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Hood Feminism

Notes from the Women That a Movement Forgot

By Mikki Kendall
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Hood Feminism by Mikki Kendall
Synopsis

Hood Feminism (2020) examines how feminism has often acted in the interests of white women, rather than all women. To be truly inclusive, feminism must also advocate for the most disadvantaged women in society, including women of color.

Key idea 1 of 9

Too often, feminism is for white women, and not for minorities.

Author Mikki Kendall’s grandmother was born in 1924, and insisted that her four daughters get a decent education. Dropping out of school was never an option, and college was encouraged, too. Kendall’s grandmother worked hard throughout her life – at first to earn money, and later around the home as she raised her children.

Was she a feminist? She wouldn’t have called herself one. When it first emerged, the feminist movement was dependent on people like the author’s grandmother, who covered housekeeping tasks when white women decided to go outside the home to work. But domestic work, which was badly paid and sometimes unsafe, had never been in short supply.

In fact, Kendall’s grandmother was not a fan of a lot of what feminists had to say. Her brand of feminism, which inspired Kendall herself, was centered around the issues that truly mattered to her.

The key message here is: Too often, feminism is for white women, and not for minorities.

Kendall’s grandmother wasn’t always in step with mainstream feminist thinking. For instance, she held tight to the ideal of being traditionally ladylike. For her, this was a way to stay safe in a world where she faced discrimination not just for being a woman, but also for being Black.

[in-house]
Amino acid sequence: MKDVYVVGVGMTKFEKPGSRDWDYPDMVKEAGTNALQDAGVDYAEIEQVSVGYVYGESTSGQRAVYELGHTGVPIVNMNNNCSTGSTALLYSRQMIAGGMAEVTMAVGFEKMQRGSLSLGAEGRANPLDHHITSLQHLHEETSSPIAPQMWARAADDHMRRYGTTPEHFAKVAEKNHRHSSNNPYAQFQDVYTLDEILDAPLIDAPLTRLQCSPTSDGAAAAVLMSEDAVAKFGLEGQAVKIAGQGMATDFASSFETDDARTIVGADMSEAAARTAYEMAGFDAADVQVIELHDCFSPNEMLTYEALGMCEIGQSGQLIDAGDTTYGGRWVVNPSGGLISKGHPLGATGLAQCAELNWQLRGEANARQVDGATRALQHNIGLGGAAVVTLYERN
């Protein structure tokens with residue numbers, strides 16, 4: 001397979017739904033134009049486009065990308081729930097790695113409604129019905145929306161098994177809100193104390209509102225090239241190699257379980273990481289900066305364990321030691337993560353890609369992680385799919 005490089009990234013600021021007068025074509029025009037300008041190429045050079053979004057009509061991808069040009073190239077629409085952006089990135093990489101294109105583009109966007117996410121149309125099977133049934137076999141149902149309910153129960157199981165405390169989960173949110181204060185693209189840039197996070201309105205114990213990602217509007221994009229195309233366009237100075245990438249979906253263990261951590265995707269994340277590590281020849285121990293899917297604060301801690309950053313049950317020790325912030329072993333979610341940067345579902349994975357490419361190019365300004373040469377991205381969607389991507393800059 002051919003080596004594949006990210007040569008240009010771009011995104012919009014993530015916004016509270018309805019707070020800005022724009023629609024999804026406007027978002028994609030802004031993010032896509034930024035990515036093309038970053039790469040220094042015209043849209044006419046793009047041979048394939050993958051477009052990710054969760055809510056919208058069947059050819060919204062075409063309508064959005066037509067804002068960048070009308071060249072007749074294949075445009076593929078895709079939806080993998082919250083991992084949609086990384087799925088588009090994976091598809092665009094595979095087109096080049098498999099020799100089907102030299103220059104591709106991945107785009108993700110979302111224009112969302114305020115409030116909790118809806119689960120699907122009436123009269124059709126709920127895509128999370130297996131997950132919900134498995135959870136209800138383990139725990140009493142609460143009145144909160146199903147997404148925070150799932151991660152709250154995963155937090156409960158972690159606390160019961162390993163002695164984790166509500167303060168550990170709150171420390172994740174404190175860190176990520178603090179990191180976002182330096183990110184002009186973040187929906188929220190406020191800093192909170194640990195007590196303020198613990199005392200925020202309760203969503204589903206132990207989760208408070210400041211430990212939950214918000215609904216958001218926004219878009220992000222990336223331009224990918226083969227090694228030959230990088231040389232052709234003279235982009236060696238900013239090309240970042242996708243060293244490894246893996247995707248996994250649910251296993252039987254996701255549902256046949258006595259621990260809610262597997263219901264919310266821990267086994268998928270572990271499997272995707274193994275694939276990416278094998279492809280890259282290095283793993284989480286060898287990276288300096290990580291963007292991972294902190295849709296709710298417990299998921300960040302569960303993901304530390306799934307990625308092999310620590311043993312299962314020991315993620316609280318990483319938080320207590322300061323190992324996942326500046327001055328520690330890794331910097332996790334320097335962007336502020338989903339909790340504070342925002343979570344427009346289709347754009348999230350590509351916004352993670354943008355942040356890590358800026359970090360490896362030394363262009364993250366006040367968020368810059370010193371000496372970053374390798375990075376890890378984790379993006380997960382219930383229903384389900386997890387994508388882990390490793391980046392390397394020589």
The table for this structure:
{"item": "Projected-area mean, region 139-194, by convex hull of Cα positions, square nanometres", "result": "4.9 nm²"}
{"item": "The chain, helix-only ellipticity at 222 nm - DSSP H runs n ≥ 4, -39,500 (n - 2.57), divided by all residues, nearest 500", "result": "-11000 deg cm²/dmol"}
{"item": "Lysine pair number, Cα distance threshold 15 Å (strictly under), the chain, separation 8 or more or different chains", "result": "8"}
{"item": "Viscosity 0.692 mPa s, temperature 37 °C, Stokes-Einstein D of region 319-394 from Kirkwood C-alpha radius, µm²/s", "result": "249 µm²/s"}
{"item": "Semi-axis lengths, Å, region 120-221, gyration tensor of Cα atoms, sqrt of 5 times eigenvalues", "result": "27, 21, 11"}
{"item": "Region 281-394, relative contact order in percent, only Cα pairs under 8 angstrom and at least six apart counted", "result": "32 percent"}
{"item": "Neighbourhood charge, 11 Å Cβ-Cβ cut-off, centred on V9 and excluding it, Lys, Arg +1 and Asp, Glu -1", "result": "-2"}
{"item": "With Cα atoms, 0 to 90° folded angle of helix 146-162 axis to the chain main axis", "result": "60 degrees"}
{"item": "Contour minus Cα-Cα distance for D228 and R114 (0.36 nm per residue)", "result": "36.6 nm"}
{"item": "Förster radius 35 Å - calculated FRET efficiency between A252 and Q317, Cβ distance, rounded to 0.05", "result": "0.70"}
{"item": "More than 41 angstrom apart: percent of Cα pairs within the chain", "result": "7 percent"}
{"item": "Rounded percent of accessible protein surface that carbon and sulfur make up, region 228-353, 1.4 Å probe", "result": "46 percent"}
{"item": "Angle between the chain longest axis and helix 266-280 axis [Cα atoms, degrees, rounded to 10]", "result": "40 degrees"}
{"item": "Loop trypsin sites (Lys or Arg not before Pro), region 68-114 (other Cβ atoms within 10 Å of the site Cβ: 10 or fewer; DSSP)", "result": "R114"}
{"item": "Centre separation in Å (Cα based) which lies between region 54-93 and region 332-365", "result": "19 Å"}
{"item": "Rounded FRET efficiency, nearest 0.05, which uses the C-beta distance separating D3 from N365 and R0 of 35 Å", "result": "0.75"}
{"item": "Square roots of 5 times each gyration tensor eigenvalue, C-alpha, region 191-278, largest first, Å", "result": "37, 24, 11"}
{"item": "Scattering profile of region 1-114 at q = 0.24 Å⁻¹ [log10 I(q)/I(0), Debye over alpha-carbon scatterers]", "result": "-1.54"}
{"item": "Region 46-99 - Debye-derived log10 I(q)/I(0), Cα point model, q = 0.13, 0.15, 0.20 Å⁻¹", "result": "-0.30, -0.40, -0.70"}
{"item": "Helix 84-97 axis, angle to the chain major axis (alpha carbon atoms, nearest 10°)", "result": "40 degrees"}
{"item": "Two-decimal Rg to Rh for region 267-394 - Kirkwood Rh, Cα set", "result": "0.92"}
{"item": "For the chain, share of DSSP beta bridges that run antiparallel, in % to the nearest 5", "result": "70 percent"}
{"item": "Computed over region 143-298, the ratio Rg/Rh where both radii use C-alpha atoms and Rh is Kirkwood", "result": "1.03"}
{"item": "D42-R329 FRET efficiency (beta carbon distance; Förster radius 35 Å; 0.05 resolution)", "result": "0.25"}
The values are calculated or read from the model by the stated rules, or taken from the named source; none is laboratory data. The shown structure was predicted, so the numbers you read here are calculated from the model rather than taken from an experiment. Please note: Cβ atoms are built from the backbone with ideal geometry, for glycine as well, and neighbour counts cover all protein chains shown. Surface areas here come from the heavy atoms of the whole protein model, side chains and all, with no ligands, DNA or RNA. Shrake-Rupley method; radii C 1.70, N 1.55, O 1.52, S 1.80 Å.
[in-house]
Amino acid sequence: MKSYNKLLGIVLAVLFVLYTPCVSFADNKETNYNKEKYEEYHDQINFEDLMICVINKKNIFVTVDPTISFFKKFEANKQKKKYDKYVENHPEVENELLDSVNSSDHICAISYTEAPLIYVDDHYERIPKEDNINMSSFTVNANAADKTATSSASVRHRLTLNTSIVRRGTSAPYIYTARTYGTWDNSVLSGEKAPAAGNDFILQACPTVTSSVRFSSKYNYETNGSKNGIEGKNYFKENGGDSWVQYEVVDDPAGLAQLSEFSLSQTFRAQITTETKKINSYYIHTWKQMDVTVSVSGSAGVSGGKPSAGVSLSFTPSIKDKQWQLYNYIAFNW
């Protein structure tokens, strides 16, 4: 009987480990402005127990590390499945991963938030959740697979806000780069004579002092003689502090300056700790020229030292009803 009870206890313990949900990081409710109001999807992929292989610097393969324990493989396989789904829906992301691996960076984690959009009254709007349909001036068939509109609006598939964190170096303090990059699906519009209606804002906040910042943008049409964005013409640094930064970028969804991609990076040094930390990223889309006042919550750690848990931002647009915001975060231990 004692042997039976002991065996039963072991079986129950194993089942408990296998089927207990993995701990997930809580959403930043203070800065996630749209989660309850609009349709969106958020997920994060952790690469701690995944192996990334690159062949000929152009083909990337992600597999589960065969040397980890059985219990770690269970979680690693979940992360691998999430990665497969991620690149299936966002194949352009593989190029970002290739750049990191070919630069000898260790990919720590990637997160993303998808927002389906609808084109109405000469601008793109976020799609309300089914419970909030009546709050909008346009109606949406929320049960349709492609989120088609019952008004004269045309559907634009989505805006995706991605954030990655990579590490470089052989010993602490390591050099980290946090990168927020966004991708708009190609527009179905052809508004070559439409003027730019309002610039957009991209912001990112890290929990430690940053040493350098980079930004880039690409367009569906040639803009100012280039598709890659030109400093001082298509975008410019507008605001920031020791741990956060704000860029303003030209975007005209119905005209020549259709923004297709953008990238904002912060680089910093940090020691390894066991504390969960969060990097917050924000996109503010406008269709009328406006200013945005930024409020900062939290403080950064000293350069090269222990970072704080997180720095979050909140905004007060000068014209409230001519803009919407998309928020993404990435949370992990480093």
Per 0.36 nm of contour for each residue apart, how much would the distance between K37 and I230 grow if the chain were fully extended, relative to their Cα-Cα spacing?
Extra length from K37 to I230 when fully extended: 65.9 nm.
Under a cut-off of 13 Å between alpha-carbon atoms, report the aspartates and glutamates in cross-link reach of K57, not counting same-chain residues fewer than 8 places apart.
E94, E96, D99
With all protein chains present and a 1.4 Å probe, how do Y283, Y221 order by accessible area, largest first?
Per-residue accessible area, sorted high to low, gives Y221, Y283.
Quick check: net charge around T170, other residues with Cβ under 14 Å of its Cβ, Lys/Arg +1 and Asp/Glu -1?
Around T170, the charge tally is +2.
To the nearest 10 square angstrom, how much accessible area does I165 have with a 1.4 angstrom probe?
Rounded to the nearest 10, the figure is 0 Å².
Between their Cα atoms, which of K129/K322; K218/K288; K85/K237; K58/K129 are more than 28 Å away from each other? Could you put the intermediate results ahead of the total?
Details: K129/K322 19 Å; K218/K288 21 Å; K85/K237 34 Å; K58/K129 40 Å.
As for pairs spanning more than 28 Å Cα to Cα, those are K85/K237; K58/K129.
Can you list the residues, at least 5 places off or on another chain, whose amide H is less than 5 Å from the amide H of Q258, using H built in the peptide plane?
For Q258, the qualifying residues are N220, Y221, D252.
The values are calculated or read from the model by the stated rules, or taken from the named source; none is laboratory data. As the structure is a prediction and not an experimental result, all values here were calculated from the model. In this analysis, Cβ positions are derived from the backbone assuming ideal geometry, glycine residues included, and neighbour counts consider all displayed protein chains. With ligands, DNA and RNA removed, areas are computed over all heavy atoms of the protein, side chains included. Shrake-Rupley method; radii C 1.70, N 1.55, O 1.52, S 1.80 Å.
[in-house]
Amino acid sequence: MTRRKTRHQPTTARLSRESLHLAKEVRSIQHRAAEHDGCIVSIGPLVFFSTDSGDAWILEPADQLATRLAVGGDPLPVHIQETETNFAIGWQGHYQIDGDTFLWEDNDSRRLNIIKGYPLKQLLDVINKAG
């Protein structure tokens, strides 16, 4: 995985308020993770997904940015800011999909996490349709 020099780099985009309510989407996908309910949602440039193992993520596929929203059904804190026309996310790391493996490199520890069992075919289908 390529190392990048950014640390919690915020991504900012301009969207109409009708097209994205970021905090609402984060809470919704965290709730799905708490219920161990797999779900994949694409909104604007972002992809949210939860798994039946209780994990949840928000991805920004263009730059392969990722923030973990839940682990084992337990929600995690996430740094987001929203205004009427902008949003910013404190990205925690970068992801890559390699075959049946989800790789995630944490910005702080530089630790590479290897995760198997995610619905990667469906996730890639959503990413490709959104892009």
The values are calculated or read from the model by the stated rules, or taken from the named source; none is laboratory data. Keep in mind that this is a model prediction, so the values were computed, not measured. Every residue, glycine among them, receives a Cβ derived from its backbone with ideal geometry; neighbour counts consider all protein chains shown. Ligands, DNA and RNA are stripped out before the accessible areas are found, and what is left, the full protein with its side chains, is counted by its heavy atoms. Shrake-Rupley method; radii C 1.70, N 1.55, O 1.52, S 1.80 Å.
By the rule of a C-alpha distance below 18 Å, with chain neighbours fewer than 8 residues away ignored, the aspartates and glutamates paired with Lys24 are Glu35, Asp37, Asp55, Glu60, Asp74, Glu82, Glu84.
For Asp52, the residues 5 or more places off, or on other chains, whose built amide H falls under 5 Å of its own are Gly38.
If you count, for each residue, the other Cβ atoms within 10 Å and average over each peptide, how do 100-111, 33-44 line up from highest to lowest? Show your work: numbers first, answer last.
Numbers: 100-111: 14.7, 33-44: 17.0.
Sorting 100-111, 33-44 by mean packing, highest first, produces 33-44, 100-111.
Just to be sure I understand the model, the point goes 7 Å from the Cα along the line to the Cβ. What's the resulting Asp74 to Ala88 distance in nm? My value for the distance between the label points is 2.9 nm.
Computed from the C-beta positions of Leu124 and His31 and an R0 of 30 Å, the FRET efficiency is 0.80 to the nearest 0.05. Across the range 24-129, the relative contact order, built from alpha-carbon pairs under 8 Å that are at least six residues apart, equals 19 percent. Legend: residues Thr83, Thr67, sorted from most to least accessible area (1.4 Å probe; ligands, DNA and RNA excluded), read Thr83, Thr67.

A lot of issues that remain central for many women of color still tend to get overlooked by feminism. For instance, while specific issues like reproductive rights are usually on the feminist agenda, overall health care often isn’t. The same goes for education, and even something as basic as food provision. In short, there’s far too little understanding of what life is like for women who are not privileged.

At the 2015 Academy Awards, Patricia Arquette won Best Supporting Actress, but it was her acceptance speech that made the biggest headlines. She called for equal pay for women – a worthy feminist cause, for sure. But she specifically asked for support from, in her words, “all the gay people and people of color that we’ve all fought for” – as if their rights were already assured beyond a doubt.

The reality, of course, is that marginalized groups still face huge amounts of discrimination, and for Arquette to ask for their solidarity was not a good look. But it was typical of the way in which white feminism often expects solidarity to travel in only one direction.

Solidarity can’t just be for, and among, white women. Feminism must start truly supporting women of color – it’s the only way to work toward true equity.

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